Brain Imaging of Attention Deficit/Hyperactivity Disorder

Authors

  • JAY N. GIEDD,

    Corresponding author
    1. Child Psychiatry Branch, National Institute of Mental Health, Bethesda, Maryland 20892, USA
    • Address for correspondence: Jay N. Giedd, M.D., Child Psychiatry Branch, National Institute of Mental Health, Building 10, Room 4C110, 10 Center Drive, MSC 1367, Bethesda, MD 20892. Voice: 301 435-4517; fax: 301 480-8898; jgiedd@helix.nih.gov.

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  • JONATHAN BLUMENTHAL,

    1. Child Psychiatry Branch, National Institute of Mental Health, Bethesda, Maryland 20892, USA
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  • ELIZABETH MOLLOY,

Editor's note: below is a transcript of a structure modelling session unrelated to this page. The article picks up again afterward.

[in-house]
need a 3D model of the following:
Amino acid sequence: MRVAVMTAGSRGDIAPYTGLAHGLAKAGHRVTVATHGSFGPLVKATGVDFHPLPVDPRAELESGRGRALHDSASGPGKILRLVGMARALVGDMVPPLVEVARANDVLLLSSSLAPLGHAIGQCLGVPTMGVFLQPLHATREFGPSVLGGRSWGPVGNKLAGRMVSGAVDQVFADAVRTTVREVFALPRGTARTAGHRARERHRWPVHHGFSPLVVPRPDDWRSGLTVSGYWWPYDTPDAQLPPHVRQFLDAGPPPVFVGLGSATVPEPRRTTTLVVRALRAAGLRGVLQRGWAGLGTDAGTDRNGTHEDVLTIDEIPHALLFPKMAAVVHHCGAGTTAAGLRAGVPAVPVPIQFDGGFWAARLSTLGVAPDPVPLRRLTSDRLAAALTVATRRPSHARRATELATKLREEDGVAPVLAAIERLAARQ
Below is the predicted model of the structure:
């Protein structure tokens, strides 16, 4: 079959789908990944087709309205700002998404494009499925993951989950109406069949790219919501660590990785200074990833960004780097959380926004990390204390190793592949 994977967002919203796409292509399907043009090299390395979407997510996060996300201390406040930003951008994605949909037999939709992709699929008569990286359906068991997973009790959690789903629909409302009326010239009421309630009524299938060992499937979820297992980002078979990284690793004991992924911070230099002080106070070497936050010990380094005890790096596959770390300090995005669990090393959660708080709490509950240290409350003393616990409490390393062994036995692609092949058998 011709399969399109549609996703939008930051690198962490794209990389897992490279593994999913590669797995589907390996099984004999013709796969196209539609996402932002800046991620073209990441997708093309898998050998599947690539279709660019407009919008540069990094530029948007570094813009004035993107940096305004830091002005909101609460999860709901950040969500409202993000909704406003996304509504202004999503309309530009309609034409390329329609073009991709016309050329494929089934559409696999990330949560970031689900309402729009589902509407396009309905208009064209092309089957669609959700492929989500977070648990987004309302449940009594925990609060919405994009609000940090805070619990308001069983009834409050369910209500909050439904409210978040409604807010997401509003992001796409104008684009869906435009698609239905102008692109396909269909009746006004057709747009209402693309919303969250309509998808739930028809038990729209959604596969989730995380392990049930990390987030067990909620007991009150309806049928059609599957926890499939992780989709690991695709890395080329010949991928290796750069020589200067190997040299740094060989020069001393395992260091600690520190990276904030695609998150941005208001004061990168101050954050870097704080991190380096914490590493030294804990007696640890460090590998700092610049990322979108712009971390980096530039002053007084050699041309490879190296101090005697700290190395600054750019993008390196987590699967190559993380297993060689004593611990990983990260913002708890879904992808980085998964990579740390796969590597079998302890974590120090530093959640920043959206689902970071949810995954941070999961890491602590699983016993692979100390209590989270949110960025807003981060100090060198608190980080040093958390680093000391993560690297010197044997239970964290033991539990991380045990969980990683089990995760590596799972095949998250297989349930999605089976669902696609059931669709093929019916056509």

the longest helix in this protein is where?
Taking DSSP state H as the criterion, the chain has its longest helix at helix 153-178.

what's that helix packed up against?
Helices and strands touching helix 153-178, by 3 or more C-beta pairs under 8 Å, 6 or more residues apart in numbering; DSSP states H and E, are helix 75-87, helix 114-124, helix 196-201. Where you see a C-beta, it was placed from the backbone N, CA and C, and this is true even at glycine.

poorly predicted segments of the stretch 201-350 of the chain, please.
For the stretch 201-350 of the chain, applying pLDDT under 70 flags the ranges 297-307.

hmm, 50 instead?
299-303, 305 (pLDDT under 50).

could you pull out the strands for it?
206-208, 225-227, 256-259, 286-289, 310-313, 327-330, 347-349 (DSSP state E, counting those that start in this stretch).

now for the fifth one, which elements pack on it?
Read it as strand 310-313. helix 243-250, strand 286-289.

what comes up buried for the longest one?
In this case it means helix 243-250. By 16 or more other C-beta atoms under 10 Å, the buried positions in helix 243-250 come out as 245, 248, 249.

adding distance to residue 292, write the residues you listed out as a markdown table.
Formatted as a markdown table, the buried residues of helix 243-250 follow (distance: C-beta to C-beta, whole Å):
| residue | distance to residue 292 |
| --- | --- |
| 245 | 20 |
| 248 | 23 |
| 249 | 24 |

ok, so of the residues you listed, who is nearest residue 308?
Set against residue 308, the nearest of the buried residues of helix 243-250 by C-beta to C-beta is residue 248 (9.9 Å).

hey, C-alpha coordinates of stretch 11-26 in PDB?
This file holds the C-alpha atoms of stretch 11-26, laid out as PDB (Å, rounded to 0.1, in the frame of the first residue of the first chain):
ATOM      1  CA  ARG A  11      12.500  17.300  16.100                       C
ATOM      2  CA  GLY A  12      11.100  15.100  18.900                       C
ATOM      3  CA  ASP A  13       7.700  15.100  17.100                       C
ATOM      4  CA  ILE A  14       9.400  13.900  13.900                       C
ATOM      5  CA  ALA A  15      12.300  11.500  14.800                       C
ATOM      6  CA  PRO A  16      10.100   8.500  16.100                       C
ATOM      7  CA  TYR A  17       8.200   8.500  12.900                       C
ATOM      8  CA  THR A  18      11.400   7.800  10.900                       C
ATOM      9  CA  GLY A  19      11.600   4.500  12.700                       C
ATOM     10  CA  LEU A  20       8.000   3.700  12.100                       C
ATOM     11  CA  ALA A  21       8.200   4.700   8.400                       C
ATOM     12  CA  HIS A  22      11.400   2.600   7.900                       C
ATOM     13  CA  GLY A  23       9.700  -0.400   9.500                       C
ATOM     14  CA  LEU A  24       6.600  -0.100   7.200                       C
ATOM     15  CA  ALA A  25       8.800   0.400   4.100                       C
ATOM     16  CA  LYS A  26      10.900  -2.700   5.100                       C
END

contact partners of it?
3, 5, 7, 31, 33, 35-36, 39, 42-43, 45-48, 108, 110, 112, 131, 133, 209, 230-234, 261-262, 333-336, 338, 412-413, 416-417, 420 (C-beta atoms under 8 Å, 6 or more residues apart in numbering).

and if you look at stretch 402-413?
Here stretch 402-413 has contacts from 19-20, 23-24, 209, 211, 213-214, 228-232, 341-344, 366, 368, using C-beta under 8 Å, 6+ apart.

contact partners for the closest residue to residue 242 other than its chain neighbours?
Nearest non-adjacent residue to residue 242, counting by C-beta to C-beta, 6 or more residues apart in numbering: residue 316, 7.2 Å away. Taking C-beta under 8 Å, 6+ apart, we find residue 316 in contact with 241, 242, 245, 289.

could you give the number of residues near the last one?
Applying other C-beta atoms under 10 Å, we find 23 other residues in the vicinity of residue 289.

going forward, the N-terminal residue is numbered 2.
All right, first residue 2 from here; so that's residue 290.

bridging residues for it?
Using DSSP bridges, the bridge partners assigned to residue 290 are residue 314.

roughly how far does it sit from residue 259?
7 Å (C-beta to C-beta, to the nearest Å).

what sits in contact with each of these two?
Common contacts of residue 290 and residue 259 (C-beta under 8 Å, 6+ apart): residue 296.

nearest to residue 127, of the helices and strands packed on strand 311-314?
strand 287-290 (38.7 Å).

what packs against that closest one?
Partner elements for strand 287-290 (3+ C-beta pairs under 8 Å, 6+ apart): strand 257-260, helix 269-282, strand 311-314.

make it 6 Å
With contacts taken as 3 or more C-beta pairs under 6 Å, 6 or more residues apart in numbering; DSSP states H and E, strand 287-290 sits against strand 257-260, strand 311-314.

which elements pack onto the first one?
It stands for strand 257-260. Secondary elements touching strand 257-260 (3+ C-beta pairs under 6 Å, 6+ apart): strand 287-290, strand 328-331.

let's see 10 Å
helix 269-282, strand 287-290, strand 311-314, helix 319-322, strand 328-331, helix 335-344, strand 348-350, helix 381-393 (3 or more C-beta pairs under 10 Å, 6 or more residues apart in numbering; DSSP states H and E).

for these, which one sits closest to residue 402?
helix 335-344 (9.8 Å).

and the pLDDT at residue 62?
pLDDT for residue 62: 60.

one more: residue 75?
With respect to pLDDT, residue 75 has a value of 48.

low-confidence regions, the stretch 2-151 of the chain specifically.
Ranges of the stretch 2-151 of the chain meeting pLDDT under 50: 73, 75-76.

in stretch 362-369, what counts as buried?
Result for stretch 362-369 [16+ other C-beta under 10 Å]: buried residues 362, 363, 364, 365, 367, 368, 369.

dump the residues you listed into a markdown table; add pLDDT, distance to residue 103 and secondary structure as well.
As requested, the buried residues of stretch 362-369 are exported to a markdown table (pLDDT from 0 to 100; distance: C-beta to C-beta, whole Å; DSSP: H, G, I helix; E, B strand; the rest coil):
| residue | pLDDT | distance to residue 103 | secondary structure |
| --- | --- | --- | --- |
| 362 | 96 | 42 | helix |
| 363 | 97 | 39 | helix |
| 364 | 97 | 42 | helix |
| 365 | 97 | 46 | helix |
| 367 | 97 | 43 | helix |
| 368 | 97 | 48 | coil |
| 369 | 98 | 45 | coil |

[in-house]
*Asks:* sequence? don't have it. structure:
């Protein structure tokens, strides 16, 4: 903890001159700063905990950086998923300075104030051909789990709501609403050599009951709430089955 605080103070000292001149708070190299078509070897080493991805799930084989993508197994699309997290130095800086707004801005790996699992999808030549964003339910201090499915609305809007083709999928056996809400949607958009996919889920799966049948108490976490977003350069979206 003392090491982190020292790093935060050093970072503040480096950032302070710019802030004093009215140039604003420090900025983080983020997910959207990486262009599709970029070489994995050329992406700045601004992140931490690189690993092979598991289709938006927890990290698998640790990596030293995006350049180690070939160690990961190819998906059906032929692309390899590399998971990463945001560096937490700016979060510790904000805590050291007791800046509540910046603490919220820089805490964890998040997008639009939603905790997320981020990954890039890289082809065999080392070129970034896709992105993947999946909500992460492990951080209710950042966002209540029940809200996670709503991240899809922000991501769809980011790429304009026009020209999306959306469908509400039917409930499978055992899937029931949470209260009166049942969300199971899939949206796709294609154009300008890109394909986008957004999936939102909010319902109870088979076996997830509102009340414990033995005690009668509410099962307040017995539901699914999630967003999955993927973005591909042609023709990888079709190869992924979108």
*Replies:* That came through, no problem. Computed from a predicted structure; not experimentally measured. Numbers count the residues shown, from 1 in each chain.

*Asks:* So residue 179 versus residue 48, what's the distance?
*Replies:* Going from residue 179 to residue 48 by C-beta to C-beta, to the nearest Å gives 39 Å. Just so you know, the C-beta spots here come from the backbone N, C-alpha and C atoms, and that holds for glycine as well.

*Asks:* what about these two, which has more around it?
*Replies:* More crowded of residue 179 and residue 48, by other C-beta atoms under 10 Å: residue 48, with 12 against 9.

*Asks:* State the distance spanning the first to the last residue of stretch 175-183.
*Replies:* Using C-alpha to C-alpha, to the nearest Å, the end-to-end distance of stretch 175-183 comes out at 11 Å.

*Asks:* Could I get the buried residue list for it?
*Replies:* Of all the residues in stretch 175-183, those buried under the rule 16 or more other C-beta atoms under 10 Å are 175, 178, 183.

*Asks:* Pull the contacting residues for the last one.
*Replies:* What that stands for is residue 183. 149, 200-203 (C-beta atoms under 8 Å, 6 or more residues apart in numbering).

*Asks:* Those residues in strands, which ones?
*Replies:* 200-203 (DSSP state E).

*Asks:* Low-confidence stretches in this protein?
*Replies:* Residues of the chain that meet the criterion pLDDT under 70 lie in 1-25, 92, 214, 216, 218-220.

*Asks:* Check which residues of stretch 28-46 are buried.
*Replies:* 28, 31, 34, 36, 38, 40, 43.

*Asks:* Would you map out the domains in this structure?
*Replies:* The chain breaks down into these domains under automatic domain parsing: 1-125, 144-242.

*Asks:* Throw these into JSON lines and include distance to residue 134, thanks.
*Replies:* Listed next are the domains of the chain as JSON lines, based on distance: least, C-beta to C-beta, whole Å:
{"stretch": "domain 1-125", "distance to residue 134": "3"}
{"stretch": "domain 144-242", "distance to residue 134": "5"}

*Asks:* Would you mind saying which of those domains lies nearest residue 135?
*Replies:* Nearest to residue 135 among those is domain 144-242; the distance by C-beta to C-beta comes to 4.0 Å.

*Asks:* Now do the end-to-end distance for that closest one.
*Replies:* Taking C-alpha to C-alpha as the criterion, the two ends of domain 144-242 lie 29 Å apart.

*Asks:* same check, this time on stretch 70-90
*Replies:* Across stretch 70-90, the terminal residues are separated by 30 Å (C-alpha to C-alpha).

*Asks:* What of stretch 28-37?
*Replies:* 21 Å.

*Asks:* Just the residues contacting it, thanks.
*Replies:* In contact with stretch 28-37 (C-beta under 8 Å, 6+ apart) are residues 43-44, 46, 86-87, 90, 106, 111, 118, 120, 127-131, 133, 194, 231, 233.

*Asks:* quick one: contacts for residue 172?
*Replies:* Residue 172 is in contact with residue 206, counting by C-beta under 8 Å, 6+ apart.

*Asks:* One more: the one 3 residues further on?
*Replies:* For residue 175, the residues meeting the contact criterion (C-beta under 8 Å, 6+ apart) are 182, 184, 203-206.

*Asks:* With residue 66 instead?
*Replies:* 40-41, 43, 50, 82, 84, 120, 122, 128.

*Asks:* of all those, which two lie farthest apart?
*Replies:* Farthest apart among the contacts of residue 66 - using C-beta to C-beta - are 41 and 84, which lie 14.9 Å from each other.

1. Child Psychiatry Branch, National Institute of Mental Health, Bethesda, Maryland 20892, USA
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  • F. XAVIER CASTELLANOS

    1. Child Psychiatry Branch, National Institute of Mental Health, Bethesda, Maryland 20892, USA
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Abstract

Abstract: Advances in imaging technology allow unprecedented access to the anatomy and physiology of the living, growing human brain. Anatomical imaging studies of individuals with attention deficit/hyperactivity disorder (ADHD) consistently point to involvement of the frontal lobes, basal ganglia, corpus callosum, and cerebellum. Imaging studies of brain physiology also support involvement of right frontal-basal ganglia circuitry with a powerful modulatory influence from the cerebellum. Although not currently of diagnostic utility, further extension and refinement of these findings may offer hope for greater understanding of the core nature of ADHD and possible subtyping to inform treatment interventions.

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